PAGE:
By Jim Schutze
By Rachel Watts
By Lauren Drewes Daniels
By Anna Merlan
By Lee Escobedo
That night, with buildings burning and medics carrying out the dead, Levy thought back to six years earlier, when a guest minister at his Atlanta church pointed in his direction and said a young man here today will do the Lord's work in the emerging field of computer technology, and Levy was the only young man seated nearby. He thought back to two years after that, when, angered by video games' stereotypical portrayal of blacks, he found the old sermon from the guest minister on tape in the church's library. Listening to it gave him a resolve he didn't have before. He thought back to the games he'd played recently with friends and how they all wondered why there were no titles with positive black characters.
He thought about the broken glass and burned bodies one block away, and how he could have been in the Sari Club tonight.
"Maybe I should do this," he muttered to himself.
Murray is hunched before his laptop, which faces the room, the jungle level he designed displayed on two projection screens on either side of him. His 12 teammates stand behind him, some watching the game, others fighting off sleep. The jungle floor is various shades of brown and green, trees are no longer floating in the pink and red sky and the game play includes a feature that splatters blood on the screen when a cannibal is sufficiently done away with.
"Ooh" and "damn," the crowd says, after the first cannibal meets his gory end. The protagonist, a former slave leveling justice one swing at a time with a ball and chain, laughs as the blood drips off the screen.
"This level looks really good now, you guys," one of the 30 students says moments later.
Murray has a permanent smile on his face, and his eyes, though puffy from two hours of sleep, dart across his monitor. He swings the character over tar pits, takes him up mountains, between rather obvious booby traps that kill the dumbest of the cannibals.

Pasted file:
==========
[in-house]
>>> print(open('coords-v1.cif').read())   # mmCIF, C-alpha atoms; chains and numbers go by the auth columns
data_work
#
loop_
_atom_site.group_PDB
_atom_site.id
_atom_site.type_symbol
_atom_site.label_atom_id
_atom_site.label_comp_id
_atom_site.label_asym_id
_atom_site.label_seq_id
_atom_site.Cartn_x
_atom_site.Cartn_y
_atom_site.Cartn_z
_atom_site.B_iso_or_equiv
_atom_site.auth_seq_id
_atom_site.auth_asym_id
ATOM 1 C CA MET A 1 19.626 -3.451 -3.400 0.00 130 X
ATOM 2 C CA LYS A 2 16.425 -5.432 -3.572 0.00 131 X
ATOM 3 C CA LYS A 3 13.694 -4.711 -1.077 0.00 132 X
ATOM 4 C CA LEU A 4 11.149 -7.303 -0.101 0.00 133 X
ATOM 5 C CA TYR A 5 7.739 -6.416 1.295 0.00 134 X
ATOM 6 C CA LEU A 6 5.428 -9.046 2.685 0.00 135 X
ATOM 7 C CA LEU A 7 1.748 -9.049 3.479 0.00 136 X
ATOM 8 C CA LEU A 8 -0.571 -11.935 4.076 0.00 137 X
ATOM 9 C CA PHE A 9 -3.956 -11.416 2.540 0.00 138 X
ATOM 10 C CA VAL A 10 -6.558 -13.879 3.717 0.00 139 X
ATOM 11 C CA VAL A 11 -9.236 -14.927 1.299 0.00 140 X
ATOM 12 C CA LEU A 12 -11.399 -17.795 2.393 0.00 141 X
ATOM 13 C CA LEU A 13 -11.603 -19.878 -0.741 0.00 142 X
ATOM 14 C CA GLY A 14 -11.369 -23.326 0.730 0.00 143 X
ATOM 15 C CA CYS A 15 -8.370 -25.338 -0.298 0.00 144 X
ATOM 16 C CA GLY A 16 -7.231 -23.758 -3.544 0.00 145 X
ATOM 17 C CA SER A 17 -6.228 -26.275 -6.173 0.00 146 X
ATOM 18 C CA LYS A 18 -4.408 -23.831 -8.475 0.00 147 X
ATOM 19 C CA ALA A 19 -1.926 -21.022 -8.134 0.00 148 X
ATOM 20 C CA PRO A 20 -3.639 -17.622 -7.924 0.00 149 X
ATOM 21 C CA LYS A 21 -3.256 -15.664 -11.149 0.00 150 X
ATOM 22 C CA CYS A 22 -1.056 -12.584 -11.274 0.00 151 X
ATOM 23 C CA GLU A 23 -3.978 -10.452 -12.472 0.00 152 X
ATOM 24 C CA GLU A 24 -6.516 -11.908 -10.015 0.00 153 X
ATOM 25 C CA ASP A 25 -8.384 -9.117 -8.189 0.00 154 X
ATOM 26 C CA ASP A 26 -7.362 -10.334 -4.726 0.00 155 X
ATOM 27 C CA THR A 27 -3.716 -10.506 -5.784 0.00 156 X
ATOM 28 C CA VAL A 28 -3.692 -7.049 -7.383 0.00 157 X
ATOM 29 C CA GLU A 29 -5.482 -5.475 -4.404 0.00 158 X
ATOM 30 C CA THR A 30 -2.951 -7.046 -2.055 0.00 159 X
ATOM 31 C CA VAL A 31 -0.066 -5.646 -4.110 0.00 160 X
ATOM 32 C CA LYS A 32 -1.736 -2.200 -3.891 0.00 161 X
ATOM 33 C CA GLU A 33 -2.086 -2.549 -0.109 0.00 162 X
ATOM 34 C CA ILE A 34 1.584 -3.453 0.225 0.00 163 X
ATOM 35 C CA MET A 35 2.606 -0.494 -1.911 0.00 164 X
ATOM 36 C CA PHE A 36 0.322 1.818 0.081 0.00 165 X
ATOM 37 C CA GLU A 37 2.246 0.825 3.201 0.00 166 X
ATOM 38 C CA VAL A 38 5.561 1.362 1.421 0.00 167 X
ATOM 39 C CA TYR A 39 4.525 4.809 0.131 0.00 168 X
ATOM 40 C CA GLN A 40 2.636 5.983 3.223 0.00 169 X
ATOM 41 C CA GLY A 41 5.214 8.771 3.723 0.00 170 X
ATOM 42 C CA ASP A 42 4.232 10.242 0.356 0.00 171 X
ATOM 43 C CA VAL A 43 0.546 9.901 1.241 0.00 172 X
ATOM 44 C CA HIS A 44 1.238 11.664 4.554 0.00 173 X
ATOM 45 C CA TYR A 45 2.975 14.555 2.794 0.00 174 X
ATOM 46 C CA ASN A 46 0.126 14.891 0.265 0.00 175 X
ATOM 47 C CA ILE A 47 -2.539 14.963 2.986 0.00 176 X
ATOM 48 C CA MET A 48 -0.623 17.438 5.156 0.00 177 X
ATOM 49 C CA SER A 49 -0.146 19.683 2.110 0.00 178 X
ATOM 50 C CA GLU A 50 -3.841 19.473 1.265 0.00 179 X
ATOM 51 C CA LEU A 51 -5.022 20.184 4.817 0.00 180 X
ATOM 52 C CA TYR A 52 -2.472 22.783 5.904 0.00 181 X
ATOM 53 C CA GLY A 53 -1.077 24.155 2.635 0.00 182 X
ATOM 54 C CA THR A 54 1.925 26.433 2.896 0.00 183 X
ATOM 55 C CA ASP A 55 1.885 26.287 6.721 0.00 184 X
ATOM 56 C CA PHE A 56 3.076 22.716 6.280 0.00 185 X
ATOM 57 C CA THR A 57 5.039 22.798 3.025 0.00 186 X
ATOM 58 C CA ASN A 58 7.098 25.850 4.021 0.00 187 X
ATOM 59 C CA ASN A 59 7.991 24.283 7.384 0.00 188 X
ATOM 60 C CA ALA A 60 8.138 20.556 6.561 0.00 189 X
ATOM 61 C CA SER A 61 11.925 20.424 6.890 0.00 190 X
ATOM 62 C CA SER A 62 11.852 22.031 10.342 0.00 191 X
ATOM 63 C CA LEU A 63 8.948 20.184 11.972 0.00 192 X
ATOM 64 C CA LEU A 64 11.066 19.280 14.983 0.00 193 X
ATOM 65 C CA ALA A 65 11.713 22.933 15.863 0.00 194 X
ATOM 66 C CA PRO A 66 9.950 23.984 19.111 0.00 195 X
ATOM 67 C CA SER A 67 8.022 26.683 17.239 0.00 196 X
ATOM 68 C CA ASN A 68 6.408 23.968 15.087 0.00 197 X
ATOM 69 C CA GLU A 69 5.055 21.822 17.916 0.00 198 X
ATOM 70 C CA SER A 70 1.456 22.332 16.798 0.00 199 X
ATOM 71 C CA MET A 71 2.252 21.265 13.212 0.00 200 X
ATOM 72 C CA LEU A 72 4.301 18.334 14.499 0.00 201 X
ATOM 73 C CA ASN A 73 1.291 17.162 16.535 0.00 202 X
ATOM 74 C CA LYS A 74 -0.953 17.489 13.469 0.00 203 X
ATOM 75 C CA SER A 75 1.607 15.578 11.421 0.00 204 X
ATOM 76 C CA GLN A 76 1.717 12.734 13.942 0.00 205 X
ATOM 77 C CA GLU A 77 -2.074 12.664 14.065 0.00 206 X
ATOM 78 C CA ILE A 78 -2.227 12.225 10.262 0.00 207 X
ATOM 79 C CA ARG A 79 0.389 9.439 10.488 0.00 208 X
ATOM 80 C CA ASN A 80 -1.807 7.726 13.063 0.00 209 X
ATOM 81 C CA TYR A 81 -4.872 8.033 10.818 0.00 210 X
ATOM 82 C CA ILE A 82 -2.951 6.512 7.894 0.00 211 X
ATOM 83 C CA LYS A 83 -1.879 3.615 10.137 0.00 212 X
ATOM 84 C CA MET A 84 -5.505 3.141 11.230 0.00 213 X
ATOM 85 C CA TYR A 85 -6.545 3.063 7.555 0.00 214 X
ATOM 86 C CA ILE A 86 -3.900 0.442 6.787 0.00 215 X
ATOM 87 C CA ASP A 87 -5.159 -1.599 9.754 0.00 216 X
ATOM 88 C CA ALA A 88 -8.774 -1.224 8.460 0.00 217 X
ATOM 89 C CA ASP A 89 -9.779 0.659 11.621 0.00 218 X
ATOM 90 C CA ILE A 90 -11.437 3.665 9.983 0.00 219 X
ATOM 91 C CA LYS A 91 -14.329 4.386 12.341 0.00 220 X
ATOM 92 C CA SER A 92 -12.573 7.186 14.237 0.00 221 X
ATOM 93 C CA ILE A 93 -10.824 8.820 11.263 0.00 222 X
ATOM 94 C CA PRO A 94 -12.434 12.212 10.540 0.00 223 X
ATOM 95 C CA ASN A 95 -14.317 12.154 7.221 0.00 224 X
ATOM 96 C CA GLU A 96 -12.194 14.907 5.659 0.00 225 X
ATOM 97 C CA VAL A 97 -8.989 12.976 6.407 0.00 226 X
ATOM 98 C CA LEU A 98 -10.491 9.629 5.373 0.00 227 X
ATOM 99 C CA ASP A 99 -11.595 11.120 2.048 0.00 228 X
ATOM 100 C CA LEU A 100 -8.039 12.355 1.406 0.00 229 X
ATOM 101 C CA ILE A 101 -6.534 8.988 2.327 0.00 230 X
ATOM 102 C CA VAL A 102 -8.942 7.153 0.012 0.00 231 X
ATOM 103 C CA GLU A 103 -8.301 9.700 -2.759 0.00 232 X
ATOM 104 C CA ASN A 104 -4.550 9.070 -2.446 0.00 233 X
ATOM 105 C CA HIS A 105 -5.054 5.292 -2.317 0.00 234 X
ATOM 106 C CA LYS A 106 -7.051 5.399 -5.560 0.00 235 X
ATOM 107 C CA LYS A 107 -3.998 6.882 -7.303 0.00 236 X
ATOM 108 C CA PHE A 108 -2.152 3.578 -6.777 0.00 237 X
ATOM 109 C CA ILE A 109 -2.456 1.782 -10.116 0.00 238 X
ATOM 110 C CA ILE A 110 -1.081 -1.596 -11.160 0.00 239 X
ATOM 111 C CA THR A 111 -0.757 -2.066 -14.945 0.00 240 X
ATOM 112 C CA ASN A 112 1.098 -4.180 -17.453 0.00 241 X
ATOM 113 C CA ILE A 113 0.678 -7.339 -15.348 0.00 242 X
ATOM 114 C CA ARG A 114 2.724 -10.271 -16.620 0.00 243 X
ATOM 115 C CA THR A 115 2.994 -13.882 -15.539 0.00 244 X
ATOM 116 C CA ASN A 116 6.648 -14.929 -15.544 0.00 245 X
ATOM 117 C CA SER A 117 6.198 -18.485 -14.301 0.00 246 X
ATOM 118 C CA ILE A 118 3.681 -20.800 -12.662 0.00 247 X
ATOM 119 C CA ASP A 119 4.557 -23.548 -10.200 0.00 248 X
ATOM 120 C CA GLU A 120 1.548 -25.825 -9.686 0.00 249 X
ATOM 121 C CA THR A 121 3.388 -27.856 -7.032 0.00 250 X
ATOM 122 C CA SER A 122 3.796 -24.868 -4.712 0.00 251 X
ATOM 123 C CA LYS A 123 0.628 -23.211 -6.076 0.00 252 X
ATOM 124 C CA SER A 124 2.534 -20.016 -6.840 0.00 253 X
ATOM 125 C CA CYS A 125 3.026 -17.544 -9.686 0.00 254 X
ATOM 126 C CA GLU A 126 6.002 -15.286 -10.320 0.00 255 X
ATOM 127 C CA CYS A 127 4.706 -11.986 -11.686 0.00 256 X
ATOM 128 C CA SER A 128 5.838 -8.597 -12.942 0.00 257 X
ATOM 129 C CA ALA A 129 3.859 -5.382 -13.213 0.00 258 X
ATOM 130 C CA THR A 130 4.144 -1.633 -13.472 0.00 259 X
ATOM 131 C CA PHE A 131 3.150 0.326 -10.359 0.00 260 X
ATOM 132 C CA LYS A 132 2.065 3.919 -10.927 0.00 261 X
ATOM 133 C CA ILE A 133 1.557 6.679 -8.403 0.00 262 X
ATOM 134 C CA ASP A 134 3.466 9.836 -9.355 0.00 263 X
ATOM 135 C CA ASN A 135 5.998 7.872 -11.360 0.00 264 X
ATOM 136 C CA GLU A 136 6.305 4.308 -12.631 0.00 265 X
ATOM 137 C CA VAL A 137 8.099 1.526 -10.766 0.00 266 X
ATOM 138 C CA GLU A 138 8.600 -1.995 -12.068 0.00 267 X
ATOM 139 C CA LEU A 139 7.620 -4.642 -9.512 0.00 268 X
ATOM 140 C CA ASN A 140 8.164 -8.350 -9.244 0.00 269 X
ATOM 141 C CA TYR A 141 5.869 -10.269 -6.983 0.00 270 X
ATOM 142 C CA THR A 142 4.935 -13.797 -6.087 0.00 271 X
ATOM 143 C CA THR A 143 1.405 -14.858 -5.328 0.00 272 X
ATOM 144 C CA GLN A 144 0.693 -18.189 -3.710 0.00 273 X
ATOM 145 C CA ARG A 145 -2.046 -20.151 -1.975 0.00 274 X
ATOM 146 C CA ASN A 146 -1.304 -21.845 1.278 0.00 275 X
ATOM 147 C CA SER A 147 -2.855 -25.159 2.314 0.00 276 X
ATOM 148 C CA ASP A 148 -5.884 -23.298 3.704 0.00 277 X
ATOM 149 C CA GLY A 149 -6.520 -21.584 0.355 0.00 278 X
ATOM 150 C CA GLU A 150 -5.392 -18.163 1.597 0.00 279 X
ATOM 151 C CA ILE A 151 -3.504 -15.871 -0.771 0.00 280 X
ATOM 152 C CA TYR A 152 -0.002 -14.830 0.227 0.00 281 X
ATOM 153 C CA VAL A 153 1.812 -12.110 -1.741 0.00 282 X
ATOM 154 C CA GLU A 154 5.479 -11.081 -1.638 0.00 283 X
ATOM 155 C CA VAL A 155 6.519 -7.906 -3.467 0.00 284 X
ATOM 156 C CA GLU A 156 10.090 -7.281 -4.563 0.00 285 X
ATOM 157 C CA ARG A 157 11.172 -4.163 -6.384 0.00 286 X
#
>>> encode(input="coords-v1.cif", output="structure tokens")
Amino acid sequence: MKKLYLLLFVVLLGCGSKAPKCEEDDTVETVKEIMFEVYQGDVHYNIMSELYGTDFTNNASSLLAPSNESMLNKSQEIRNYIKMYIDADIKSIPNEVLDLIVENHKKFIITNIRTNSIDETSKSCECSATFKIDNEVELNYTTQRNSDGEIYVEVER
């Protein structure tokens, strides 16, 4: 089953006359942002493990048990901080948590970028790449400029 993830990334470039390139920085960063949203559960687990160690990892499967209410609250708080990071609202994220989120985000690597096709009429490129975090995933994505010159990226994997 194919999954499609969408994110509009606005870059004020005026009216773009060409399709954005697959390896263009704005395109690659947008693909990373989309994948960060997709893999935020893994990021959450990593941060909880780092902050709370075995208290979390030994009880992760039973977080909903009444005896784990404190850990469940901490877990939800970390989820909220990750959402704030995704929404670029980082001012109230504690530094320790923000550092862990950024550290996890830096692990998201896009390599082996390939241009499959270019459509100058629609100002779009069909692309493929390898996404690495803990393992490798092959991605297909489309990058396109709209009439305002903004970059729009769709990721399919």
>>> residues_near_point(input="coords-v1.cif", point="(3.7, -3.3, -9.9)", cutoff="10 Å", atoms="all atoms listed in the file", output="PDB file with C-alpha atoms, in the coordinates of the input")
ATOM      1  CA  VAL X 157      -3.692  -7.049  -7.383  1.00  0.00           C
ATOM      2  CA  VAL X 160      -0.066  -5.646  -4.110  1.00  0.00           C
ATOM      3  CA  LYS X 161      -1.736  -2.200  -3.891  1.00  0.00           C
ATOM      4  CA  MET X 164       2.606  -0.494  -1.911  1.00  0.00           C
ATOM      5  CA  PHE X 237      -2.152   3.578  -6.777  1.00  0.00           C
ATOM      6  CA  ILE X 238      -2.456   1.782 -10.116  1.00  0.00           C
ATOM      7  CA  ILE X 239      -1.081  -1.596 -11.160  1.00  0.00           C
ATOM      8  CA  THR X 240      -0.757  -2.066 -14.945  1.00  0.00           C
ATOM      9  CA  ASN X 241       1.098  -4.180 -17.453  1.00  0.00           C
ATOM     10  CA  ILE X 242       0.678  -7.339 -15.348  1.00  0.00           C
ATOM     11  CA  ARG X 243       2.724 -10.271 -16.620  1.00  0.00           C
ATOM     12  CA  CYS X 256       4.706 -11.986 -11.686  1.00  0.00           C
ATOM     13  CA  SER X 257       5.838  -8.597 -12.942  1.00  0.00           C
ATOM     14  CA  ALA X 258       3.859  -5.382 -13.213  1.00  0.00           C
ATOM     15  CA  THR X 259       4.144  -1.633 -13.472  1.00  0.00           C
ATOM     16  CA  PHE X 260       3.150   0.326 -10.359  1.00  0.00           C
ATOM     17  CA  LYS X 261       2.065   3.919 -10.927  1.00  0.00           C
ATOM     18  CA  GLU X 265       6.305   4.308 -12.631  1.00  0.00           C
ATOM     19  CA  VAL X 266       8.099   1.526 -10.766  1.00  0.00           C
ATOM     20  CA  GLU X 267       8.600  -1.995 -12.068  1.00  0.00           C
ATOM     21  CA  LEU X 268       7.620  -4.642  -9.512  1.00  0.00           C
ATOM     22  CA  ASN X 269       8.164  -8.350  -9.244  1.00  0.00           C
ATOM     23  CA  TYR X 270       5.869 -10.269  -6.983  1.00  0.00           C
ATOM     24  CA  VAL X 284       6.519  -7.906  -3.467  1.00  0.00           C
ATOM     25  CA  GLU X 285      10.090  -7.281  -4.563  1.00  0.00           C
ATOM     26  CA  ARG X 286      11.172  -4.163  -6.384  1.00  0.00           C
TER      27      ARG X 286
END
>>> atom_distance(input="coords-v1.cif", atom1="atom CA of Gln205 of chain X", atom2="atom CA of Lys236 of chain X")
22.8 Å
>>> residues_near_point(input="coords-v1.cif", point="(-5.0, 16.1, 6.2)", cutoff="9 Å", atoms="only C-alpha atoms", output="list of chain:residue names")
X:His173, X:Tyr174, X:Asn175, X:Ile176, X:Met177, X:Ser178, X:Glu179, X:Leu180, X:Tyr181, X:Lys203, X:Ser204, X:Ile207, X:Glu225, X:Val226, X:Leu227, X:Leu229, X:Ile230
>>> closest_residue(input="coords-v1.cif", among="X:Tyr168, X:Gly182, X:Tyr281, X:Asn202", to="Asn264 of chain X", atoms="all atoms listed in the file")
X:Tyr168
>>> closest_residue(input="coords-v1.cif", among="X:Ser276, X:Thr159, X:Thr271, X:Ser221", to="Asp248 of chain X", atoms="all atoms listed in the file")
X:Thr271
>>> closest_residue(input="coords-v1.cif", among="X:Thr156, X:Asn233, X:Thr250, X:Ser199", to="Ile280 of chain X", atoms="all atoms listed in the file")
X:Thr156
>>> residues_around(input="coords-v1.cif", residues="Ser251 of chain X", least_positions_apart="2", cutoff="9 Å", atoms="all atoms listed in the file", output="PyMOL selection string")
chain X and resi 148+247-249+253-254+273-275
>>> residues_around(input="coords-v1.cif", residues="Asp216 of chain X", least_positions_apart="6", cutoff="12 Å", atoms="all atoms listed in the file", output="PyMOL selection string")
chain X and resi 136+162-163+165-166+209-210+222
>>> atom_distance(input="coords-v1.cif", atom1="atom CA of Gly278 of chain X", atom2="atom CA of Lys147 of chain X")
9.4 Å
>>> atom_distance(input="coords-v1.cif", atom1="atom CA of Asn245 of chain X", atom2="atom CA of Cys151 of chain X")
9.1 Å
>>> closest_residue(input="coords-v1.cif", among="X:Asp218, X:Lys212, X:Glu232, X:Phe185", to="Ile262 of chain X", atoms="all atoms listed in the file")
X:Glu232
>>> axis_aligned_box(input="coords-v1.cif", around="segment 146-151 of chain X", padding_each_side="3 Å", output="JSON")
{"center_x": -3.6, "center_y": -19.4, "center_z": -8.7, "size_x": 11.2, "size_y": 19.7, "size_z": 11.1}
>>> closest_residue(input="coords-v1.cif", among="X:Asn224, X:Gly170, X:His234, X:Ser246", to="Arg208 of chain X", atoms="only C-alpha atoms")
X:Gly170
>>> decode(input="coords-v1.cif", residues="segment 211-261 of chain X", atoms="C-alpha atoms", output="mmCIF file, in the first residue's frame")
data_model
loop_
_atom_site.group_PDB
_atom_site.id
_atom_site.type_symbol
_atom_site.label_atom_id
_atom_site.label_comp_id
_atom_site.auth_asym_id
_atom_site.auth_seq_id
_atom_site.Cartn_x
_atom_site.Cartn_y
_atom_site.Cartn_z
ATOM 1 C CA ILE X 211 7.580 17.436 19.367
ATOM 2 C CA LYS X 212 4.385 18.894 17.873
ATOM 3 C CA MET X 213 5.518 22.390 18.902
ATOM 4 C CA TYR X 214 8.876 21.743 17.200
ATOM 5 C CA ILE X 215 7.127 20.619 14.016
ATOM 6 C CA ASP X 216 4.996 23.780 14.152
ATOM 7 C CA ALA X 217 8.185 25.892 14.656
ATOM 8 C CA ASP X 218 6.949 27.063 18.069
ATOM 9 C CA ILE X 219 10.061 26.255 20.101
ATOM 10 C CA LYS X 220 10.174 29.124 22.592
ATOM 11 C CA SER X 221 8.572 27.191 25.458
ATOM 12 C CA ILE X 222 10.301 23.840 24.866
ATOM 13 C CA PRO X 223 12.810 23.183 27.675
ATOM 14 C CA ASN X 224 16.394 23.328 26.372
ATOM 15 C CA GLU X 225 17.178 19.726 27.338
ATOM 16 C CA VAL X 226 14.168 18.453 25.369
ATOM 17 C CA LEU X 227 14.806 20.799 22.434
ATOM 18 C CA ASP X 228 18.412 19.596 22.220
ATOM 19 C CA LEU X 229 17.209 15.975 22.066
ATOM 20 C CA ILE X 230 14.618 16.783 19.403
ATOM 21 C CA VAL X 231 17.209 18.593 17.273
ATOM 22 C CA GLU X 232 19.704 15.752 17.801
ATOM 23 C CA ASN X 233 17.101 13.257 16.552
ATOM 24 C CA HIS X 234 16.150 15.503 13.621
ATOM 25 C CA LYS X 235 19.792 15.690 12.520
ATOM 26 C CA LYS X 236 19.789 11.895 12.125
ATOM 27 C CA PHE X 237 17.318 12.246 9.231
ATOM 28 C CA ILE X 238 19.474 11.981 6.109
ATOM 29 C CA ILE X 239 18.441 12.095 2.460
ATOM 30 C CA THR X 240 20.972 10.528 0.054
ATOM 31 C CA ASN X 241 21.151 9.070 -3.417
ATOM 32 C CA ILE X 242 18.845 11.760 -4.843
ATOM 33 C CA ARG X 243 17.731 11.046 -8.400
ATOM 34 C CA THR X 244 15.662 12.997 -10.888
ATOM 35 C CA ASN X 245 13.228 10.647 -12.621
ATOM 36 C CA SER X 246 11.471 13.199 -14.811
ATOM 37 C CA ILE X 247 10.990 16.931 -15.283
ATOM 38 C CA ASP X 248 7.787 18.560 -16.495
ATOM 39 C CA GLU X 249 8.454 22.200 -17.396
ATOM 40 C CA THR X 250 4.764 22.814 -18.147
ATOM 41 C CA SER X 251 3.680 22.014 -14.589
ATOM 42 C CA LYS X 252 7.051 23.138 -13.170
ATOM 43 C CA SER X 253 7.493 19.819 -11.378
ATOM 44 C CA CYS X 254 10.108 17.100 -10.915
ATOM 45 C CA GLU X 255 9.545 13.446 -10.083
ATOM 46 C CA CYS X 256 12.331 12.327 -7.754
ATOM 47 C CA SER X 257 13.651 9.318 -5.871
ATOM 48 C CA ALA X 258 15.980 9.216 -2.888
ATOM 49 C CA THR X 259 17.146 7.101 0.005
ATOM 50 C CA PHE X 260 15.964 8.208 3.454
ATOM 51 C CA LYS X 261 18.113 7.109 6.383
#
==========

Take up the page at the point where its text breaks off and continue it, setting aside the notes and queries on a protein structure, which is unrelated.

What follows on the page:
"Dude, you'd think they'd know there are traps," says someone from the crowd.
"Dude, they're cannibals. They're protein-deficient," Murray says.
On occasion, Murray stops by his dad's house to show him the projects and games he's working on at the Guildhall. When Murray talked about Jones Day his face was never animated. Now, Mark Murray says, "there's just this glow about him."
And it's evident this Thursday morning. In the 10 minutes it takes him to present his level, Murray looks as though he's just woke from a 10-hour nap.
But that changes when his professors question Murray and his team. Can you make the closing cinematic shot into an entire level? Why can the protagonist literally walk through an enemy sea captain on the ship level? Why are there still unaligned textures? And where are you for artificial intelligence?
Murray takes a seat in the first row after his presentation. "We definitely need the next two weeks to work," he says. The brightened eyes and grin are gone. It's as though a day's worth of stubble just grew on his chin.
The next team begins its presentation. Murray sits still for a moment, then grabs his notebook, flips past last night's 19-item to-do list and settles on the next blank page.
He starts writing. Within moments, the list is 10 items long. He cracks his neck and keeps adding to it.